*What is a warrant or capias?

An arrest could be based upon a warrant. But these comprise only a small percentage of arrest situations. A warrant (or capias) is a document issued by the trial court. It is a demand that the police take you into custody immediately wherever they may find you. Since these previously issued court orders were based upon circumstances that you knew were in the works [like violations of probation, failure to show up for a court hearing, etc.], they shouldn’t be a total surprise. You might blow a stop sign and get pulled over. The police run your driver’s license and a capias appears on the screen. Within a very short time you will be under arrest.

*Could I be arrested without a warrant?

Yes. The vast majority of arrests are made by police officers acting without a warrant. Suppose you are shopping. You walk to the door with packages in hand. When you get out to the parking lot, you’re stopped by a security officer. He looks in your bags and finds the clothes you just bought. He asks, “Where’s the sales slip?” You can’t find it. “Come on back inside so we can straighten this out.” The sales clerk doesn’t remember you at her register. The police are called in. You are now under immediate arrest.

Imagine you are driving your friends around and stop at a store. They go inside. You can’t see what happens but they come running out. They jump in and yell, “Drive, drive! Don’t stop!” You follow their demands and drive off. A high speed chase ends with a swarm of cops standing around your car; guns drawn. They are screaming, “Out the car and on the ground.” Later you learn that one of your friends tried to rob the cash register. When it went bad, he shot a man. You are being charged with felony murder. You are panic stricken and you are also under immediate arrest.

*What if I try to resist the cops?

Let’s address what to do and what not to do when you are being detained. Never try to fight the police. You will get additional charges. Don’t try running away. You will get more charges and rough treatment. This is not a battle between you and the police. This is the police doing what the government has hired them to do. They are under a duty and they will not back down.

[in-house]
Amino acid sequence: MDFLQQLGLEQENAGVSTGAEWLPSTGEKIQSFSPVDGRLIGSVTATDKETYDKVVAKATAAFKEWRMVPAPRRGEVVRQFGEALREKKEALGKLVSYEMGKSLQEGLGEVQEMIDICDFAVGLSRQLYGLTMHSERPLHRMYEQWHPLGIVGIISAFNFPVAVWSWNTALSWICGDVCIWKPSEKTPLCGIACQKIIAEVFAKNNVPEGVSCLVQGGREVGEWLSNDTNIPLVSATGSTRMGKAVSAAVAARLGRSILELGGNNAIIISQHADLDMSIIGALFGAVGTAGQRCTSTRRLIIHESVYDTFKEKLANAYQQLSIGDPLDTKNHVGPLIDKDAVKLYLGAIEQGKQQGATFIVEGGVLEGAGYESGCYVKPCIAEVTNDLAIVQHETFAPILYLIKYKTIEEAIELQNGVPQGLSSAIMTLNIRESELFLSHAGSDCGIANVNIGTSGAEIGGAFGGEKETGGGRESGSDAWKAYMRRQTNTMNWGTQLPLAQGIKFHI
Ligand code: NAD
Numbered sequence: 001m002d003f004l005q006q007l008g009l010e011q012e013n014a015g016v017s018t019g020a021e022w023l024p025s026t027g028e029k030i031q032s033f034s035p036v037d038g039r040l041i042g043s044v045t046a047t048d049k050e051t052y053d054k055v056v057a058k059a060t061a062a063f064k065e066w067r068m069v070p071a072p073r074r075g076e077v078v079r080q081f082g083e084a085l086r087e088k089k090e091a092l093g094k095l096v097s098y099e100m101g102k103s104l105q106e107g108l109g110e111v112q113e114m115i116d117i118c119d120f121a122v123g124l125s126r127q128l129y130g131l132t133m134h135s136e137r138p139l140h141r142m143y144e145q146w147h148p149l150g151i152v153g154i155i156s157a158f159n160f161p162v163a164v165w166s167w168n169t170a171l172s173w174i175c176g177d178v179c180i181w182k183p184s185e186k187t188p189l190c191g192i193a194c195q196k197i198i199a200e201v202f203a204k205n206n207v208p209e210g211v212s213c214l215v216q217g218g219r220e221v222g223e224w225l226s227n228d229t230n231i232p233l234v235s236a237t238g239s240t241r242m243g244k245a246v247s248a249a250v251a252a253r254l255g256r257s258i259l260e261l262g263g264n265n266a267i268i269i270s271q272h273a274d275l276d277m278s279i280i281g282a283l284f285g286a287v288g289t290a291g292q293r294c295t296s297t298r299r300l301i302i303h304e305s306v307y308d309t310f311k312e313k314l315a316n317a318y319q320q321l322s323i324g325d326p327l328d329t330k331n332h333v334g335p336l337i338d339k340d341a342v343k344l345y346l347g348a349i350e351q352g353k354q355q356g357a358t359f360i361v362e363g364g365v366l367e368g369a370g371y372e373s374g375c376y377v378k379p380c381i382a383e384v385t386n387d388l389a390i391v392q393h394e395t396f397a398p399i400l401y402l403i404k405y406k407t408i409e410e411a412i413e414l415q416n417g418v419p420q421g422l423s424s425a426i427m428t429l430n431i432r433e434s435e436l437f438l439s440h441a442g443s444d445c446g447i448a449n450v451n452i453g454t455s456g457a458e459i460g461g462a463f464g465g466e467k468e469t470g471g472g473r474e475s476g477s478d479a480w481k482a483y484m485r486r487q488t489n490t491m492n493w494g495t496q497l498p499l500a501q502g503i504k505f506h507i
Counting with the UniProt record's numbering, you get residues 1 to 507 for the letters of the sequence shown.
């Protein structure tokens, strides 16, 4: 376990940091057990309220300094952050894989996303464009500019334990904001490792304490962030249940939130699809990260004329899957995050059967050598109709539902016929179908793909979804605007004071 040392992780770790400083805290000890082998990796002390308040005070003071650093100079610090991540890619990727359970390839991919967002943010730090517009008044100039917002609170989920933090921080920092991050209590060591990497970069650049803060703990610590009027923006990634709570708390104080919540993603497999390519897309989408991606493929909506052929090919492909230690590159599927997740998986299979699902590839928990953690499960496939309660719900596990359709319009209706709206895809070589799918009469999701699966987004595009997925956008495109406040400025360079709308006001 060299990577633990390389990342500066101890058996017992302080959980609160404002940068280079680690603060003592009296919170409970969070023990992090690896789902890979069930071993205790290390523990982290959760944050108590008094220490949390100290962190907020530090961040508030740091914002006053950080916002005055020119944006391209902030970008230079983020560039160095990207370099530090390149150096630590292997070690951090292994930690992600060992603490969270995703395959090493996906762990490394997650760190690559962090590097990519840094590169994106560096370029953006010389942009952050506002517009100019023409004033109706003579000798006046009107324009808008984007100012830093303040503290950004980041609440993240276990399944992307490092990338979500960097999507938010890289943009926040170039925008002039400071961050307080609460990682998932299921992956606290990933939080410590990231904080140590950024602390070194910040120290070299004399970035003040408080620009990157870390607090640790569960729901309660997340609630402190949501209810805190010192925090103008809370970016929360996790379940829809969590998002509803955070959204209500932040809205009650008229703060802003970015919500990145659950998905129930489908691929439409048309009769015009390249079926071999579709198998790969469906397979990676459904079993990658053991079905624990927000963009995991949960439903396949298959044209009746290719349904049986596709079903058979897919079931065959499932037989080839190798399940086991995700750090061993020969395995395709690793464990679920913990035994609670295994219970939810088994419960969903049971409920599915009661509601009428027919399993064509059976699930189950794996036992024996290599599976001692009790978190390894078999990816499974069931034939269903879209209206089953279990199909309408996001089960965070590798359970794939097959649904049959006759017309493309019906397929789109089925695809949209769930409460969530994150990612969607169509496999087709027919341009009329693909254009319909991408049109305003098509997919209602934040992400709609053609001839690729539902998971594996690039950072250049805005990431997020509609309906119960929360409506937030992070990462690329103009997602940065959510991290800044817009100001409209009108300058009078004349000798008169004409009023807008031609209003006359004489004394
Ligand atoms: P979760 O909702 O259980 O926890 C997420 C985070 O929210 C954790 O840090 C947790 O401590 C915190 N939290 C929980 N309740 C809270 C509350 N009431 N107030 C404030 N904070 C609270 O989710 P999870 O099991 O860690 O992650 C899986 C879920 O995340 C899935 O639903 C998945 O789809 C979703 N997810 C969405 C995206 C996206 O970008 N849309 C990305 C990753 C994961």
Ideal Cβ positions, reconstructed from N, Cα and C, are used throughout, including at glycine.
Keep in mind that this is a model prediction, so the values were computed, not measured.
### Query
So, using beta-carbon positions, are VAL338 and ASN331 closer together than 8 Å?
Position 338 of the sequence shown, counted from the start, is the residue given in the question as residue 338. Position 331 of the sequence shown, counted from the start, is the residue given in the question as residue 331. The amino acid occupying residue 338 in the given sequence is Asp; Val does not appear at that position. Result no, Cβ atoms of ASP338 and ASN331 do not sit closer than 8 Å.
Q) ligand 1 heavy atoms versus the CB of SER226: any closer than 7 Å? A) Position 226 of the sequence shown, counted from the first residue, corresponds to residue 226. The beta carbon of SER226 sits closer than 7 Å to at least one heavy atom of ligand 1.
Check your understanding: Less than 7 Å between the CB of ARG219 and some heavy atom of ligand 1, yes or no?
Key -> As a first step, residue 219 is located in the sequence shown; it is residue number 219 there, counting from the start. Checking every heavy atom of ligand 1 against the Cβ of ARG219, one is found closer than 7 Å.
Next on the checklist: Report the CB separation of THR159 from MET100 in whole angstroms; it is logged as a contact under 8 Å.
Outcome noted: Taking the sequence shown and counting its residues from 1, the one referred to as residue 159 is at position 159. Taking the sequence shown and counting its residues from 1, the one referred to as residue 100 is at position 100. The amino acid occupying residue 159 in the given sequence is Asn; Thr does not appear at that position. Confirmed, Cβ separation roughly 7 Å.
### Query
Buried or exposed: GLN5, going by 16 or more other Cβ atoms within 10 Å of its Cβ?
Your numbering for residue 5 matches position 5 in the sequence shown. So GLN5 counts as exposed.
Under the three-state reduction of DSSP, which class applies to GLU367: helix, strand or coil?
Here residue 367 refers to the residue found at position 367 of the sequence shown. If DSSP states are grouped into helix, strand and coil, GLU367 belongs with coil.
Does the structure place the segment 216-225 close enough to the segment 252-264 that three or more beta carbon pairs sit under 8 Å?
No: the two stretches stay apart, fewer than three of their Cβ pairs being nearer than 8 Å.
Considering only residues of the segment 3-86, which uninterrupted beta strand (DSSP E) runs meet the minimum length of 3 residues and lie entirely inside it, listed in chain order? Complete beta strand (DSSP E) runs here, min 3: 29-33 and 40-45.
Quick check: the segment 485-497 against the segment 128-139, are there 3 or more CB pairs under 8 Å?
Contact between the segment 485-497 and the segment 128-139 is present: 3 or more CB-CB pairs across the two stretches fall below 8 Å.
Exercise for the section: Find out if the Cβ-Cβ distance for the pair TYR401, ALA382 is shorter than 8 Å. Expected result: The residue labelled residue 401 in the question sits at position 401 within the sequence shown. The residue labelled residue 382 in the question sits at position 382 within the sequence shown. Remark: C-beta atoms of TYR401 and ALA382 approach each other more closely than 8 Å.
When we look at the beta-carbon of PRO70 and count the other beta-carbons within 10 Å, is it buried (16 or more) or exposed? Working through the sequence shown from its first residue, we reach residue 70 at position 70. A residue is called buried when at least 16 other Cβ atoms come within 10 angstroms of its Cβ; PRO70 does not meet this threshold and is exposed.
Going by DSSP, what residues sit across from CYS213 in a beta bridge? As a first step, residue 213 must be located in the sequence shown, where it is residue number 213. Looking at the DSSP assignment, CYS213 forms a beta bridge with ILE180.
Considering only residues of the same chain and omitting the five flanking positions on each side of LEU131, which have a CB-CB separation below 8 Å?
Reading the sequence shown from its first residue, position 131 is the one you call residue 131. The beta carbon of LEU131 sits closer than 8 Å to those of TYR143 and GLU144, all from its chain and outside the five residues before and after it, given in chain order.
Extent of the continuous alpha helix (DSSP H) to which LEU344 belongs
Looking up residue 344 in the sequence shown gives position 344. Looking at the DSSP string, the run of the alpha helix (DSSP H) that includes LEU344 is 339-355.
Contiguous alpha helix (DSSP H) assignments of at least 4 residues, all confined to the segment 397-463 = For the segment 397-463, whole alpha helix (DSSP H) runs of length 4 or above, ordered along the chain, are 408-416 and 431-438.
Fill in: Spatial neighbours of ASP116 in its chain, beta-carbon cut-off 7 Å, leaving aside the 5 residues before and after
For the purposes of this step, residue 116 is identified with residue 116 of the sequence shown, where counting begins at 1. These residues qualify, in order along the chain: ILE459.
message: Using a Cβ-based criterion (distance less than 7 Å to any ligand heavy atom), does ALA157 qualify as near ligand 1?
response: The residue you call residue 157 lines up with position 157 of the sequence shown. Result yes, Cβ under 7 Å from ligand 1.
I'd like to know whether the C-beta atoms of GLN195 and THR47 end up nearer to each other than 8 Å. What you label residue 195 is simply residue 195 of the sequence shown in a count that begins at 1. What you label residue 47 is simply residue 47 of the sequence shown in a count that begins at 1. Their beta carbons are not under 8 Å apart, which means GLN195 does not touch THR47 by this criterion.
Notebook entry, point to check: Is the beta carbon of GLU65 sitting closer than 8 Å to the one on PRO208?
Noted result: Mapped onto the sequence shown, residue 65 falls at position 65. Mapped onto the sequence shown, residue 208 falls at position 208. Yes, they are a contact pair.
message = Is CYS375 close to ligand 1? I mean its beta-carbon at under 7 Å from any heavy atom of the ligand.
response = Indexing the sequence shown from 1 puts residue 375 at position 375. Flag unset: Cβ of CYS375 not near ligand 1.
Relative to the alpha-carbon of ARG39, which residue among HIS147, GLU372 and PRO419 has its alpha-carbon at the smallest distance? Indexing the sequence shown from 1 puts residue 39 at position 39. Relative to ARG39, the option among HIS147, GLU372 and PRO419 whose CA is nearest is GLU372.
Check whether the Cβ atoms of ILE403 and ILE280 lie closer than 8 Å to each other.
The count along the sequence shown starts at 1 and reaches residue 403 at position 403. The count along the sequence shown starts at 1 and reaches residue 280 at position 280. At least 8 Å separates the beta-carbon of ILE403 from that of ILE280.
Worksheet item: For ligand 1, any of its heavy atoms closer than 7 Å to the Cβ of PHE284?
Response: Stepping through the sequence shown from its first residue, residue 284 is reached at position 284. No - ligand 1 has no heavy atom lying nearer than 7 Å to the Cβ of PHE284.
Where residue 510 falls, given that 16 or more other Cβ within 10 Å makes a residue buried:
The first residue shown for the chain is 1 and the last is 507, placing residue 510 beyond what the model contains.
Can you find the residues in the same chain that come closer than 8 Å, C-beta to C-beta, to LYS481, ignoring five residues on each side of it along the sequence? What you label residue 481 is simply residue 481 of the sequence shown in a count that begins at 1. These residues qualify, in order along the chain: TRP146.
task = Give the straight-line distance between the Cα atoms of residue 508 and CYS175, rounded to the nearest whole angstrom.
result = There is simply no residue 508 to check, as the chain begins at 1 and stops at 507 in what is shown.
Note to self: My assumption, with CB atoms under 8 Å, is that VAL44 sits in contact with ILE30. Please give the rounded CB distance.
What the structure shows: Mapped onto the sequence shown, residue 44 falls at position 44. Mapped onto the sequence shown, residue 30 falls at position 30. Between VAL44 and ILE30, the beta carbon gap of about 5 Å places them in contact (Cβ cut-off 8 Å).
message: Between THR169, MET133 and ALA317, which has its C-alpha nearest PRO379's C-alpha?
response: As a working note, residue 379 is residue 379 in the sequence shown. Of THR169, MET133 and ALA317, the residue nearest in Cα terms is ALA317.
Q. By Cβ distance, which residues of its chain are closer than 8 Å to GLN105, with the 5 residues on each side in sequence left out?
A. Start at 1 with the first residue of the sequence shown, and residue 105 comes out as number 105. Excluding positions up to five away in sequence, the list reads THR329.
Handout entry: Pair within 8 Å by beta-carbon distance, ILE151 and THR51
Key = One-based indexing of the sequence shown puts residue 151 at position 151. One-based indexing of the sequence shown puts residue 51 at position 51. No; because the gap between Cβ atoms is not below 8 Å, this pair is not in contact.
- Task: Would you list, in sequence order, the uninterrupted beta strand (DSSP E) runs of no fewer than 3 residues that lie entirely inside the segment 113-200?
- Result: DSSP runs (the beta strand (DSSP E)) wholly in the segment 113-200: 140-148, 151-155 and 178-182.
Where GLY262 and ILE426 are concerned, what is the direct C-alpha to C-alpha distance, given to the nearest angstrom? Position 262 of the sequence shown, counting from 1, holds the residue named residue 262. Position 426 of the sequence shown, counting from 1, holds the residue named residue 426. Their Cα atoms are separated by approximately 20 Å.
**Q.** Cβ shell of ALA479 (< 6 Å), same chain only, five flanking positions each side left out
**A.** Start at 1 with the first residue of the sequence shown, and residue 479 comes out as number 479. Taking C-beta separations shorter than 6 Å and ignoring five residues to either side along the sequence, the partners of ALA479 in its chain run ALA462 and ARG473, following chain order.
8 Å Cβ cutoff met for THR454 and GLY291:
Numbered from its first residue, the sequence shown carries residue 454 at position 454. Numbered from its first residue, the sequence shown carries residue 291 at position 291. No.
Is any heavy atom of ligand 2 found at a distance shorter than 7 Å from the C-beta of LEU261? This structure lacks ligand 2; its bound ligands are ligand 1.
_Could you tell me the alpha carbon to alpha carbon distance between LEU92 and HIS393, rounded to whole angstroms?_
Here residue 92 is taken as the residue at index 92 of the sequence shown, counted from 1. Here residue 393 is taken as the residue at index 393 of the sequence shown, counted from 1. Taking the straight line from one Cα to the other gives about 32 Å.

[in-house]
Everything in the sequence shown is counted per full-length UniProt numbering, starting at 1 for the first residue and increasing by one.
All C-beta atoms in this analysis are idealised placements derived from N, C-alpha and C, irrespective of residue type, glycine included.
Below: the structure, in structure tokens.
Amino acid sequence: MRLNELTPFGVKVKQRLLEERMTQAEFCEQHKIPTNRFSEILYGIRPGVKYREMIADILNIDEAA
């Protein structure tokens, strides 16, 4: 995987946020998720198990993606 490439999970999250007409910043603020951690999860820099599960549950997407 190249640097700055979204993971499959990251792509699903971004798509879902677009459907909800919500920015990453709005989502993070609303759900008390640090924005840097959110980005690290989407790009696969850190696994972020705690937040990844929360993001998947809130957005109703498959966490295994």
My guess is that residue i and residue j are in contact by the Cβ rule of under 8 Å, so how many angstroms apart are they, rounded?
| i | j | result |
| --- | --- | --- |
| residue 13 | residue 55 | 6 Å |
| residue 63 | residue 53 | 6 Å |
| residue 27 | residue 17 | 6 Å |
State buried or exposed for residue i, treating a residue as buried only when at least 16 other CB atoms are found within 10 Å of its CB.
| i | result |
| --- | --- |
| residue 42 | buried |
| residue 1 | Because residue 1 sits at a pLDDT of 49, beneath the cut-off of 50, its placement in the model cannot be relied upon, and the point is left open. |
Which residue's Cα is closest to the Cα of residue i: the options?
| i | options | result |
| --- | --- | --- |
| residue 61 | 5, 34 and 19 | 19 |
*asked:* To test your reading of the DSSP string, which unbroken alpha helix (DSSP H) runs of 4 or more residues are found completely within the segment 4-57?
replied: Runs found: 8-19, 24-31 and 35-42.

Go along peaceably. This will help you now and later it may help your case. As in all of life, humility conquers arrogance.

Don’t try to talk your way out of it. You should only tell the police your name, age, address, and other personal background information. If you don’t give them this identifying information you could get an additional charge known as resisting an officer. But that is where you must stop talking. SAY NO MORE!

*How do I get them to stop all the questions?

Do not talk about the facts or circumstances of the case to anyone. Tell the detectives that you refuse to talk until you have an attorney. That is a key phrase in the law. Under the 5th Amendment to the U.S. Constitution you have both the right to silence and the right to counsel. If you assert the right to silence by saying, “I do not want to say anything,” the police can keep trying to get you to talk. If you begin talking about anything at all, the trial court may rule that you waived your right to silence. Only you can waive your rights, so don’t speak.

If you say over and over, “I want to speak to an attorney,” the law says the police must immediately stop questioning you until your attorney is present. When your attorney arrives, he will instruct the police that you won’t be giving any statements.

*Will the circumstances of the arrest be part of the court case?

The police will definitely testify in court about the arrest. They will tell the jury what you said and what you did. Keep these things in mind:

Police cars are equipped to take videos. Some can audio tape conversations. There are also video cameras in police stations and jails. These may be put into evidence in your court hearing or trial.

WARNING: Prosecutors use audio and video taped jailhouse visit conversations in trial. There is no right to privacy while in custody. Only talk about your case with your attorney.

The police might conduct a “show-up Identification.” This is where the victim is brought to the scene of arrest to see if they can identify you. Be calm and collected. Do what the police instruct you to do.